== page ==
A few days later defendants received the contract in the mail from Mr. Bradner, signed by him. They signed a copy and returned it to him, retaining a copy.
Civil Code, section 2235 provides: ‘All transactions between a trustee and his beneficiary during the existence of the trust, or while the influence acquired by the trustee remains, by which he obtains any advantage from his beneficiary, are presumed to be entered into by the latter without sufficient consideration, and under undue influence.’ Section 2219 provides that any one who voluntarily assumes a relation of personal confidence with another is deemed a trustee. If the circumstances stated in the section are present, the contract is voidable. Magee v. Brenneman, 188 Cal. 562, 571, 206 P. 37; Brydonjack v. Rieck, 5 Cal.App.2d 219, 223, 42 P.2d 336. The section applies to all cases of attorney and client where any contract is made whereby the attorney obtains any advantage from his client. Magee v. Brenneman, supra, 188 Cal. 567, 206 P. 37; Estate of De Barry, 43 Cal.App.2d 715, 728, 111 P.2d 728. The burden is on the client to show that the attorney obtained an advantage from him by the contract. Carlson v. Lantz, 208 Cal. 134, 139, 280 P. 531; Magee v. Brenneman, supra, 188 Cal. 568, 206 P. 34; Bryan v. Prescott, 57 Cal.App. 779, 782–783, 207 P. 1028.
A contract in writing is presumptive evidence of a good and sufficient consideration. Code Civ.Proc. sec. 1963, subd. 39; Civ.Code, secs. 1614, 1615. To overcome the presumption of consideration evidenced by a writing, it is not sufficient to show merely that the confidential relation existed, but is must be made to appear that the relationship was used to obtain an unfair advantage. In Estate of Roberts, 49 Cal.App.2d 71, at page 80, 120 P.2d 933, at page 938, the court stated: ‘In support of the judgment respondent relies entirely on the presumption of undue influence which, as he claims, arises from the relationship of the parties, and cites section 2235 of the Civil Code in support of his argument. * * * Here we have a written instrument, a promissory note, which erects a counter-presumption of a sufficient consideration (Code Civ.Proc., sec. 1963, subd. 21; Civil Code, secs. 1614, 3105); and the burden of showing a want of such consideration is on the party seeking to invalidate the instrument. Civil Code, sec. 1615. The presumption created by section 2235 of the Civil Code does not overcome this other presumption unless it is shown that the relationship was used by the trustee to obtain an unfair advantage. Dimond v. Sanderson, 1894, 103 Cal. 97, 101, 103, 37 P. 189; Cole v. Wolfskill, 1920, 49 Cal.App. 52, 55, 192 P. 549; Estate of Mallory, 1929, 99 Cal.App. 96, 102, 278 P. 488.’ Mere negative conduct ‘on the part of an attorney dealing with his client is not sufficient ‘to overcome the presumption of fraud and unfair dealing which is automatically raised by the law as a protection to a client.’ Estate of Witt, supra [198 Cal. 407, 245 P. 197]. The attorney must go further and show that his client was given the information which, under similar circumstances, a disinterested legal adviser would have given.' Thornley v. Jones, 96 Cal.App. 219, 229, 274 P. 93, 97.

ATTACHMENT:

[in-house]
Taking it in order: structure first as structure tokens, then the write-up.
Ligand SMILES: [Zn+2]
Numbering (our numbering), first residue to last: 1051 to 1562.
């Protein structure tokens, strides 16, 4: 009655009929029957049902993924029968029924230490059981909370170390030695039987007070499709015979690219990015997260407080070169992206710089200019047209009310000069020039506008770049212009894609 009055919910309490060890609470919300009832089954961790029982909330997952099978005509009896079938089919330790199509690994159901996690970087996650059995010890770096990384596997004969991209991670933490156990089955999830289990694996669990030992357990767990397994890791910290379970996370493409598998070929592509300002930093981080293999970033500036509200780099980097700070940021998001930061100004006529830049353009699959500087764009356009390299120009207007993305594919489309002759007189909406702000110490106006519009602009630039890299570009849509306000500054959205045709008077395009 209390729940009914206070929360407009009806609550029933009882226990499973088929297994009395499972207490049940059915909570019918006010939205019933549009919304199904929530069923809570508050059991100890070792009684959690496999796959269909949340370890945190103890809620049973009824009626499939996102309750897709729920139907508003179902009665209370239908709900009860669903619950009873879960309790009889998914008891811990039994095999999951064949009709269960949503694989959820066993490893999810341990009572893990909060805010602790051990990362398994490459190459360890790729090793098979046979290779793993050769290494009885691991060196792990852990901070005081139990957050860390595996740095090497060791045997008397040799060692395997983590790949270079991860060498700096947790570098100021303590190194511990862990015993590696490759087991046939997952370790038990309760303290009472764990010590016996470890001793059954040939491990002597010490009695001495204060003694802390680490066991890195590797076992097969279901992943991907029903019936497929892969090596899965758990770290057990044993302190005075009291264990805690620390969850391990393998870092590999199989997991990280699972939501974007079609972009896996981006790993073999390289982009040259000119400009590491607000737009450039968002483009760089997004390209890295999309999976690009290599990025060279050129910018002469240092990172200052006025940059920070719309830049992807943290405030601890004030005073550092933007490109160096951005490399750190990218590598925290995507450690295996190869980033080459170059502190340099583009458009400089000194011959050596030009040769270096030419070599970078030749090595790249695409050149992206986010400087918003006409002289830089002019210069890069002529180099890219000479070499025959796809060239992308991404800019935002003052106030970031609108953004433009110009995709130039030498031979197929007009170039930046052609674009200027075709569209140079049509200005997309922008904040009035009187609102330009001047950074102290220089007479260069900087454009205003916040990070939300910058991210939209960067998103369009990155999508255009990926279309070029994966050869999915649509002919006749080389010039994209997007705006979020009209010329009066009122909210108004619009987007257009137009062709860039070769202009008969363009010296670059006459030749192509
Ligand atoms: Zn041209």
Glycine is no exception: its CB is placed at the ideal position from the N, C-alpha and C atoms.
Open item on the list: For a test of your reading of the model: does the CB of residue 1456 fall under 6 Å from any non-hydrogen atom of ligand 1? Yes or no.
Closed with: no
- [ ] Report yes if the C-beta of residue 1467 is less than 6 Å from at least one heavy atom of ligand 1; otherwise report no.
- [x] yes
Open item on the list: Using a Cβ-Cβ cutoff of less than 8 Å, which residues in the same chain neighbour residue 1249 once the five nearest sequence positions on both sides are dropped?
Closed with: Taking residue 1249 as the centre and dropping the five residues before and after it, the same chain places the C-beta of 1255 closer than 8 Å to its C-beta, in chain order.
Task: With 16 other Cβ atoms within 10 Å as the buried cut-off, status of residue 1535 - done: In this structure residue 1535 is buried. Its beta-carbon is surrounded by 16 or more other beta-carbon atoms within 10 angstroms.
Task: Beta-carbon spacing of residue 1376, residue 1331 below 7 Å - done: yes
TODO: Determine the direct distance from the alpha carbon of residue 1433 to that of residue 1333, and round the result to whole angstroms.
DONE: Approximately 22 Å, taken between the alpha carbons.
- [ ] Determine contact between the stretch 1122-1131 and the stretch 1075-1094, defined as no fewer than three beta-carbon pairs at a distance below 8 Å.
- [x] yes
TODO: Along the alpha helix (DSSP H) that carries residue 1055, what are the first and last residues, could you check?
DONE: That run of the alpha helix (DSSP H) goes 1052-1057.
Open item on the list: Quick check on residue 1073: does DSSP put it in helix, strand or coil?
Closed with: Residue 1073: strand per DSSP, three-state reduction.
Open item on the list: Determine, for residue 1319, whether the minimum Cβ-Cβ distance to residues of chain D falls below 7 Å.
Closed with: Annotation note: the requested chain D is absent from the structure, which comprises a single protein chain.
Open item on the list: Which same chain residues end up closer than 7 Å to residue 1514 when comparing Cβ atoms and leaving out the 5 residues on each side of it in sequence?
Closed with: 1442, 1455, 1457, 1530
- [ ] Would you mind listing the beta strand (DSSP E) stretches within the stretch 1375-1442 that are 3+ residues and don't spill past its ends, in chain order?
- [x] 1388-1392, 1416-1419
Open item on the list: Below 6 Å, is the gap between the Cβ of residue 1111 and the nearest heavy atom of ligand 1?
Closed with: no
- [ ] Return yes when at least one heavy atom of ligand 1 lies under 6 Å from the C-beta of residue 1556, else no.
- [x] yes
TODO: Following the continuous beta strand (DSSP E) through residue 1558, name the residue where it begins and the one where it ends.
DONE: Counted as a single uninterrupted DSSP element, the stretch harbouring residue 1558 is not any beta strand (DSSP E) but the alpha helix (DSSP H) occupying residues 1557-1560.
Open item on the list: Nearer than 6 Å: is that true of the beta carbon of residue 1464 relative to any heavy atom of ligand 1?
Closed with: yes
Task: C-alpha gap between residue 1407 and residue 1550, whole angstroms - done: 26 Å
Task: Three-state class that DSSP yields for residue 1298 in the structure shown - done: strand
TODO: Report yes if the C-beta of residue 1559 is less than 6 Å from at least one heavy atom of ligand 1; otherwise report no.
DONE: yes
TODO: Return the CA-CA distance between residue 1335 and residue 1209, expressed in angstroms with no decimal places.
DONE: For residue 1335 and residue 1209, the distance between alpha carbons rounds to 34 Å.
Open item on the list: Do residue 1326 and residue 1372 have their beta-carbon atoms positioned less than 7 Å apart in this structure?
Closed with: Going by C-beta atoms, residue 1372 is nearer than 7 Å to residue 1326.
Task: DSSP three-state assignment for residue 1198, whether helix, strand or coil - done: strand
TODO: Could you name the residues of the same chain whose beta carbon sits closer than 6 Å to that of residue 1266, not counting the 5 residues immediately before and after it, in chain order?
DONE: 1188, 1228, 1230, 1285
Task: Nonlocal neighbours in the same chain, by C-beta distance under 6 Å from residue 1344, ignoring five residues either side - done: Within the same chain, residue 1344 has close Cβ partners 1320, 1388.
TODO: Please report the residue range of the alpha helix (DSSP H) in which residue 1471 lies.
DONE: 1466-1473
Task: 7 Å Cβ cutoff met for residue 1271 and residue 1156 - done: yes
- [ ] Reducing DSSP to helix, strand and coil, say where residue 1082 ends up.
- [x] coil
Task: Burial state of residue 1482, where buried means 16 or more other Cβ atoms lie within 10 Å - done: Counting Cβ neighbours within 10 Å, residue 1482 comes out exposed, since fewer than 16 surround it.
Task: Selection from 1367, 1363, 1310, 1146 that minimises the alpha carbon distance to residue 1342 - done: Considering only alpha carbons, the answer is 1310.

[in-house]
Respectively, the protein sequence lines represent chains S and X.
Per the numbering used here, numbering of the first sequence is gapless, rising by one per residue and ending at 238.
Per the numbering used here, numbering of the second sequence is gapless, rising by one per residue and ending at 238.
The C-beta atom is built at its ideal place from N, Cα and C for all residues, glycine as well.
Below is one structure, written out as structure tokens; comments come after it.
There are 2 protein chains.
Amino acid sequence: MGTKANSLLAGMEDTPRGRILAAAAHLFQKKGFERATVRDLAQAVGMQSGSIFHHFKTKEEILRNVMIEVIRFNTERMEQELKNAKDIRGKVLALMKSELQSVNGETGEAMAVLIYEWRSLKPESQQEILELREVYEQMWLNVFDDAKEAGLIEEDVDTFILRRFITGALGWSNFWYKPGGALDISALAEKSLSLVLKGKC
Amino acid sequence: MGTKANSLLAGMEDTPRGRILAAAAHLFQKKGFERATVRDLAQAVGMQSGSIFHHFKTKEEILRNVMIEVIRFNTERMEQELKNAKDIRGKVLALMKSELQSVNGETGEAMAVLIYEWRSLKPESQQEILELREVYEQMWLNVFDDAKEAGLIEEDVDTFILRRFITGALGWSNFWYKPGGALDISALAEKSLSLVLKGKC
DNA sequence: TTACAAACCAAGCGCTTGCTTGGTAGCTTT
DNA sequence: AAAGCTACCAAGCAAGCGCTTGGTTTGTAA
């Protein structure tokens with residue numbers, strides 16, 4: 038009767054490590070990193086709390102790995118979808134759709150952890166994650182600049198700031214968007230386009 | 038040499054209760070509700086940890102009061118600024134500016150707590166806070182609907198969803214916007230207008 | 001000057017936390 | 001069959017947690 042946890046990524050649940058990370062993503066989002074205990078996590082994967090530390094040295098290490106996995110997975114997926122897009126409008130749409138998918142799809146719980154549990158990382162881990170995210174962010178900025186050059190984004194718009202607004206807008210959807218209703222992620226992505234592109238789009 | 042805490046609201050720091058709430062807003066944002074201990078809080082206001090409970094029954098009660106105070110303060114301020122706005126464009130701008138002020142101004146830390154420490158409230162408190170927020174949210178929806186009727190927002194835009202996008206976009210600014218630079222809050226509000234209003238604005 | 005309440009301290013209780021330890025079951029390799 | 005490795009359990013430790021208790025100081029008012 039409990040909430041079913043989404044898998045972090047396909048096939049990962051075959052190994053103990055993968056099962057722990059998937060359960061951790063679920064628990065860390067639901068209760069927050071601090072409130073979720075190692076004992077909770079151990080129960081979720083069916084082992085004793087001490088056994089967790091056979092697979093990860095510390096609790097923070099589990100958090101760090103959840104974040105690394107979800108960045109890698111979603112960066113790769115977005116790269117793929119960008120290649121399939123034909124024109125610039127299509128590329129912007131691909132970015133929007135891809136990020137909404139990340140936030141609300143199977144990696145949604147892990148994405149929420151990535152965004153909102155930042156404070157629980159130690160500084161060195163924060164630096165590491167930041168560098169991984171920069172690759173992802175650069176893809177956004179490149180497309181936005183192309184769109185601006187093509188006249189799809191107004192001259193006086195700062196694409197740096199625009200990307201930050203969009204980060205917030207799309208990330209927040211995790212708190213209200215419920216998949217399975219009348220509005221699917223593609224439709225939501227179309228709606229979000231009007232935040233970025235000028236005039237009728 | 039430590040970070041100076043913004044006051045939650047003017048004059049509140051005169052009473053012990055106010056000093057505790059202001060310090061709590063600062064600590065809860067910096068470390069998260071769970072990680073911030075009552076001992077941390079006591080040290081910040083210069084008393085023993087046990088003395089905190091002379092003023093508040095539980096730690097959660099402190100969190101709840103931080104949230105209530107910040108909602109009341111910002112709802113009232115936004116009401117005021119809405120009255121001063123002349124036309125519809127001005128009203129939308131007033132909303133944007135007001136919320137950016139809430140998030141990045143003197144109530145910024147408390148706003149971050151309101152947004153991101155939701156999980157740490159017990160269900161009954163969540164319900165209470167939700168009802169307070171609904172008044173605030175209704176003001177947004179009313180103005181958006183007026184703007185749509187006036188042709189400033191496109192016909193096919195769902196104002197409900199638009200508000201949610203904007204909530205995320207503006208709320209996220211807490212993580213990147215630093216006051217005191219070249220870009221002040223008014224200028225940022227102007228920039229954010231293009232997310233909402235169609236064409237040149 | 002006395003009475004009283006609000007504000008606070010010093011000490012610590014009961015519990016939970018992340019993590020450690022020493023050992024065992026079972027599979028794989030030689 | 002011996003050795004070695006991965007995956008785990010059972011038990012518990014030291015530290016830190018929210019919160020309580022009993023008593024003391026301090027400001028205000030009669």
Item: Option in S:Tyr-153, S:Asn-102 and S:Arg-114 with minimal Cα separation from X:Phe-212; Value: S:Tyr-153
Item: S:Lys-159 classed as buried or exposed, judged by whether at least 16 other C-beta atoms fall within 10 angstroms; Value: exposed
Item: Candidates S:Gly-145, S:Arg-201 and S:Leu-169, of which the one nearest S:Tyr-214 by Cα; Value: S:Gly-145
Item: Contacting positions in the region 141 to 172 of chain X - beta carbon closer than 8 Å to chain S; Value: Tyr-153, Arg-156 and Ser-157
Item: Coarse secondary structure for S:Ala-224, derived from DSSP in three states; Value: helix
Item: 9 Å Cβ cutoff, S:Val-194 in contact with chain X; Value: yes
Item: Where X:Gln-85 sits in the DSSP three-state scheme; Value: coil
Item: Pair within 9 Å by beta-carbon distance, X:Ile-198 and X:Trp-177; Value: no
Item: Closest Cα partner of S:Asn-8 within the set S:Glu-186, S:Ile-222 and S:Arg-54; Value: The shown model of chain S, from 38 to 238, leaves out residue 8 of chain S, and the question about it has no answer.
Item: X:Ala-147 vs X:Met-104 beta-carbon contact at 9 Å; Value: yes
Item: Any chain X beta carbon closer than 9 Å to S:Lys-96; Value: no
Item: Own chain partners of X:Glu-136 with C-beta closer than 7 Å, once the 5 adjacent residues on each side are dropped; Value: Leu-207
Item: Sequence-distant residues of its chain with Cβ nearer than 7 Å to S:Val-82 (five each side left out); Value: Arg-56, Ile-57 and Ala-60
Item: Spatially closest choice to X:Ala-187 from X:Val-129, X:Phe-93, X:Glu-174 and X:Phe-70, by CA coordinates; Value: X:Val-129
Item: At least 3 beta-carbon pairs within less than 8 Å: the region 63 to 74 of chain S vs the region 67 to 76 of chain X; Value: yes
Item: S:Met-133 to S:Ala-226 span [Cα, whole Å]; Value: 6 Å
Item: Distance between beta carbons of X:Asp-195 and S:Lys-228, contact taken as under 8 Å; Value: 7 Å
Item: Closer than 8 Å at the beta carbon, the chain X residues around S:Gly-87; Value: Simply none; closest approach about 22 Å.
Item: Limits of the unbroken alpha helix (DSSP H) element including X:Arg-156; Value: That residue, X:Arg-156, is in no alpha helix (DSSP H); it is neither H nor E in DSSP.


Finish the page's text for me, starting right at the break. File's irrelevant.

If the attorney obtains an advantage from his client in the transaction between them, the burden of showing that the contract was acquired by the attorney for a sufficient consideration and not by undue influence is on the attorney. In Metropolis Trust & Sav. Bank v. Monnier, 169 Cal. 592, at page 598, 147 P. 265, at page 268, it was said: ‘The relation of attorney and client is of a fiduciary character, and the Civil Code (section 2235) clearly provides that all transactions between a trustee and his beneficiary during the existence of the trust, by which he obtains any advantage from his beneficiary, ‘are presumed to be entered into by the latter without sufficient consideration, and under undue influence.’ This does not mean that a trustee may not deal with his beneficiary. But, if he does deal with him in such manner as to obtain an advantage, the trustee has the burden of showing by evidence that the transaction was fair. Certainly the obtaining of a note for $20,000, secured by mortgage, is an advantage, and the attorney, or those claiming under him, cannot safely rest, as they did in this case, without affirmative proof of the facts surrounding the transaction.' See, also, Allen v. Meyers, 5 Cal.2d 311, 315, 54 P.2d 450; Lady v. Worthingham, 57 Cal.App.2d 557, 135 P.2d 205.
The finding that the contract was obtained by Mr. Bradner without sufficient consideration and by undue influence must find support in evidence introduced or in the presumption created by section 2235. Since there was no evidence showing insufficient consideration or undue influence, defendants invoke the presumption.
Whether Mr. Bradner obtained an advantage by the contract, and whether the Vasquezes entered into the contract without sufficient consideration and by undue influence, must be determined on the situation as it fairly appeared to the parties at the time the contract was entered into, and not as subsequent events revealed it to be. Swanson v. Hempstead, 64 Cal.App.2d 681, 688, 149 P.2d 404.